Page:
Does President Obama have a plan to fix Medicare?
President Obama believes that lowering the age of eligibility from 65 years of age to 55 years of age will fix Medicare’s funding problems. He believes that allowing an additional 20 million people to become eligible at an earlier age will fix the Medicare funding issue because each of the 20 million individuals will pay the $1,200.00 in Medicare premiums. President Obama believes that since the younger 55 to 65-year-old individuals are healthier that the additional premiums paid will offset the amount paid out by Medicare for medical expenses of the older individuals.
Will President Obama’s Medicare Plan Work?
Is this really the answer to the Medicare funding problem? Preventative care is on the rise, which is a good thing, because it can avoid very expensive treatment to conditions that if detected early can be less expensive to treat. However, is $1,200.00 in additional premiums by 20 million individuals age 55 to 65 enough to fix Medicare’s funding? Is it enough to cover preventative testing every year for those that fall in the “healthier” age bracket? The $1,200.00 President Obama is estimating in premium income for funding Medicare is for the beneficiary’s Part B (medical) because Part A (hospital) is typically provided at no cost if the individual or their spouse has worked at least ten years.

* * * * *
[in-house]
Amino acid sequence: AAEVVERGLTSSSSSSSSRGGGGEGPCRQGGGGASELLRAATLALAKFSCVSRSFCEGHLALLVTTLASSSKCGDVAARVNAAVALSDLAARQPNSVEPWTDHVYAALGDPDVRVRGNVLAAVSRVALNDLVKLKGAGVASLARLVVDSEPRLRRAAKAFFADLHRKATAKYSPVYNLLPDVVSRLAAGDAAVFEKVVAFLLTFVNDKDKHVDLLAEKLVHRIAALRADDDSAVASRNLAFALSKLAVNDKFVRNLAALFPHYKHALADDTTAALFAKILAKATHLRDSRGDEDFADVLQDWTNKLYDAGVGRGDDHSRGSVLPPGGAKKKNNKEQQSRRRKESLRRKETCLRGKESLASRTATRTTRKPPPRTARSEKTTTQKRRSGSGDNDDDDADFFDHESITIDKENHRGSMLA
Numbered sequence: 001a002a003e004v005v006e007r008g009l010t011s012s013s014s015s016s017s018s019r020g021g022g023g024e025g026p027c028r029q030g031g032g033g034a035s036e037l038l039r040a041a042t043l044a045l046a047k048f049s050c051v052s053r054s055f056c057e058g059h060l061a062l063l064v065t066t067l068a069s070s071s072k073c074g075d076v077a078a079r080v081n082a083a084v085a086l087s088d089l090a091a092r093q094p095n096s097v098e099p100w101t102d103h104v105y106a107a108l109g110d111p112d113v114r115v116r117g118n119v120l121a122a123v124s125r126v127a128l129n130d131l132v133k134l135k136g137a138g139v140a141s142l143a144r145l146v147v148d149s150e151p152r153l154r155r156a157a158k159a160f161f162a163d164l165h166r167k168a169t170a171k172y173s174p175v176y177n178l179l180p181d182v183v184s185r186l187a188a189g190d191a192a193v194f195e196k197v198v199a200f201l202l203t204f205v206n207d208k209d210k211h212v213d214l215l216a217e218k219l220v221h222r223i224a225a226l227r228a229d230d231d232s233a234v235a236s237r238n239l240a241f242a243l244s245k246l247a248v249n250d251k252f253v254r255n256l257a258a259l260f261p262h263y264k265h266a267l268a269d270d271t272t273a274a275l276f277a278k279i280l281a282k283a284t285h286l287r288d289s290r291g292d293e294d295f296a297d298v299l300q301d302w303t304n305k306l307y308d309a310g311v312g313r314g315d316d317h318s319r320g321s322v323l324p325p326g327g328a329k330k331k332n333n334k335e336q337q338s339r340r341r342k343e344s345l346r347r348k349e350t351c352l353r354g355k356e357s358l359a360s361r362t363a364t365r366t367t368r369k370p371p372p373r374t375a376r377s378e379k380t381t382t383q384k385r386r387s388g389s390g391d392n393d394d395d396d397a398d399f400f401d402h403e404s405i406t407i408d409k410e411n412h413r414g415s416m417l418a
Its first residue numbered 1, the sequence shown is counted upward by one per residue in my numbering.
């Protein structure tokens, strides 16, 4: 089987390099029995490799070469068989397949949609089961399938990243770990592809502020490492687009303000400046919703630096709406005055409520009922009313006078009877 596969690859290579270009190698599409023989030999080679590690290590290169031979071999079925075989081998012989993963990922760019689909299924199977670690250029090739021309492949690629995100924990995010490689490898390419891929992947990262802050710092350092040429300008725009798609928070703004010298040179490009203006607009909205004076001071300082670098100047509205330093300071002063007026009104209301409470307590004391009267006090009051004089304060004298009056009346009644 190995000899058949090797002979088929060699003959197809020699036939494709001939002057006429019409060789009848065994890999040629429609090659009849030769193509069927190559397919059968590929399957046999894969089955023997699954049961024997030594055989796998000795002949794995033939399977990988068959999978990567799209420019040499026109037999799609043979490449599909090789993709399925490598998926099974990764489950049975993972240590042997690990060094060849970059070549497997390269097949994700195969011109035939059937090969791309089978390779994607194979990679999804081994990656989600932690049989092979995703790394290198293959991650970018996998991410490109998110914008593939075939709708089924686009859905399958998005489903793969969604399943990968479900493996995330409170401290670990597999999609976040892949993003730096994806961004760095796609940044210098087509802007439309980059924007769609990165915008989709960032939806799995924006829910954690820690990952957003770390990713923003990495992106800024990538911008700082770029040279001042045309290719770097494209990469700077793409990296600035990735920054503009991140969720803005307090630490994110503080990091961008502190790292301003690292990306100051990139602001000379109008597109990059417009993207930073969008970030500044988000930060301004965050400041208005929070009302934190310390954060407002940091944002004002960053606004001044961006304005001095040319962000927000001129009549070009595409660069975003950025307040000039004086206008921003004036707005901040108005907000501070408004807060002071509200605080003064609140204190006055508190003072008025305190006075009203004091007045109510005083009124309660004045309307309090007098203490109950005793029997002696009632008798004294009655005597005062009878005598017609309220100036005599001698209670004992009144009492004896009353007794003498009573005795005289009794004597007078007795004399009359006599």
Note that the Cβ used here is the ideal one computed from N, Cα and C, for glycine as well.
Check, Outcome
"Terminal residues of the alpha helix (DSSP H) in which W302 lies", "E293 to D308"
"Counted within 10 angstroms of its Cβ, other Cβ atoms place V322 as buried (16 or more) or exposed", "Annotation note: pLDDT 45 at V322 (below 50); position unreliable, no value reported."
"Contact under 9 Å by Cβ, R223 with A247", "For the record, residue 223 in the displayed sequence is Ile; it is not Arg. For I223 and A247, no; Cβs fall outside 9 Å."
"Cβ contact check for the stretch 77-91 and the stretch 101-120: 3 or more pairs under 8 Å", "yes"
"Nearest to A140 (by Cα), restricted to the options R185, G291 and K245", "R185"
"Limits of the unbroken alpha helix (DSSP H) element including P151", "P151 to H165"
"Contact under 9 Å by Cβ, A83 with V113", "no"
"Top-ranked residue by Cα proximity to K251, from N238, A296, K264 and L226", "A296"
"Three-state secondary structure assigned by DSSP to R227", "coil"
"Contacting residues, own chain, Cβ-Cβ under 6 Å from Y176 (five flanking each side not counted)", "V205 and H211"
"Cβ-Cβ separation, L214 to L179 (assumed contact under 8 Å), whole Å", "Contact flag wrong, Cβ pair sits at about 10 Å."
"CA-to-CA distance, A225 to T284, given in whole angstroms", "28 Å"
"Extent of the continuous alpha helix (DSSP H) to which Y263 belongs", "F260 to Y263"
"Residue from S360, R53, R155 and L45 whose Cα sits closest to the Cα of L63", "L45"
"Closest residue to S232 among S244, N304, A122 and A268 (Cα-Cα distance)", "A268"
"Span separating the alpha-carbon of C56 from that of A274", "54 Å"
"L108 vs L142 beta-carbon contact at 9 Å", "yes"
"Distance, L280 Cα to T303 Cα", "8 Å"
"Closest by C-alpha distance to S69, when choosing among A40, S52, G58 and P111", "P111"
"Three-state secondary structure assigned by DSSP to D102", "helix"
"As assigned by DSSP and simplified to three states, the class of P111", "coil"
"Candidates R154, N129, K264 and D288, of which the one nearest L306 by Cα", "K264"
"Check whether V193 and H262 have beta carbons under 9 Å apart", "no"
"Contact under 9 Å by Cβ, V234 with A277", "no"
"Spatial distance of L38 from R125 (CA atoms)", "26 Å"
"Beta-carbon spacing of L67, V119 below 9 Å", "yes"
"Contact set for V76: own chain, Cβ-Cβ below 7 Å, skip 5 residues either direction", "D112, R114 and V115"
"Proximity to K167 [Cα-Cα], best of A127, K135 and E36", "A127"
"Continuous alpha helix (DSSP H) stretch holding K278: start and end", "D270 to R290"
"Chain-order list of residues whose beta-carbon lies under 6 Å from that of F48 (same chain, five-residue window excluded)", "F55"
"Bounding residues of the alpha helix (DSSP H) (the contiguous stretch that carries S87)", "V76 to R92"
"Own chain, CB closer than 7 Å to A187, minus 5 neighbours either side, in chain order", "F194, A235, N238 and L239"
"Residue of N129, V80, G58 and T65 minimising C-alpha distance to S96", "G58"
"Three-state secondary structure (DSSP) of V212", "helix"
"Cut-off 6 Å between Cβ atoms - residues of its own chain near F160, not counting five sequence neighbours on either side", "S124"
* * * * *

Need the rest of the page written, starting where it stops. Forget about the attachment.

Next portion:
The question is exactly how is President Obama determining that the $1,200.00 per person would fix the Medicare funding issue? Perhaps President Obama believes that the majority of individuals will continue working and remain on their employer group health coverage plan if the age of eligibility is lowered to 55 years of age but because they are eligible for Medicare will choose not to opt out of Part B and subsequently pay the premium. However, there is no requirement that an individual remain on their employer group health coverage plan. If the individual does choose to remain on their employer group health coverage they can still utilize Medicare. In this case, the individual’s group health coverage plan would be the primary insurance (pay first) and Medicare would be the secondary insurance (pay second). However, more likely than not the individual will only enroll in Medicare Part A which is at no cost if the individual, or their spouse, has worked for 10 years or more. It is not required that the individual enroll in Medicare Part B. Therefore, the individual can continue to utilize their employer group coverage plan solely for their medical health care costs but utilize their employer group health coverage plan and Medicare Part A for their hospitalization coverage. Taking this into consideration, there would be no additional premiums paid to Medicare if the individual chose to opt out of Medicare Part B, but there would be additional spending to cover expenses covered by Medicare Part A as the secondary insurance for which there is typically no premium. Would this not create additional expenses that would possibly exceed the amount of Part B premiums being paid if the eligibility age was changed to 55 years of age? A possible solution to this would be for employers to offer those ages 55 and older a group sponsered Medicare Supplement instead of keeping them on the traditonal group plan. This would encourage everyone eligible to sign up for Medicare while providing comphensive converage to the individual.
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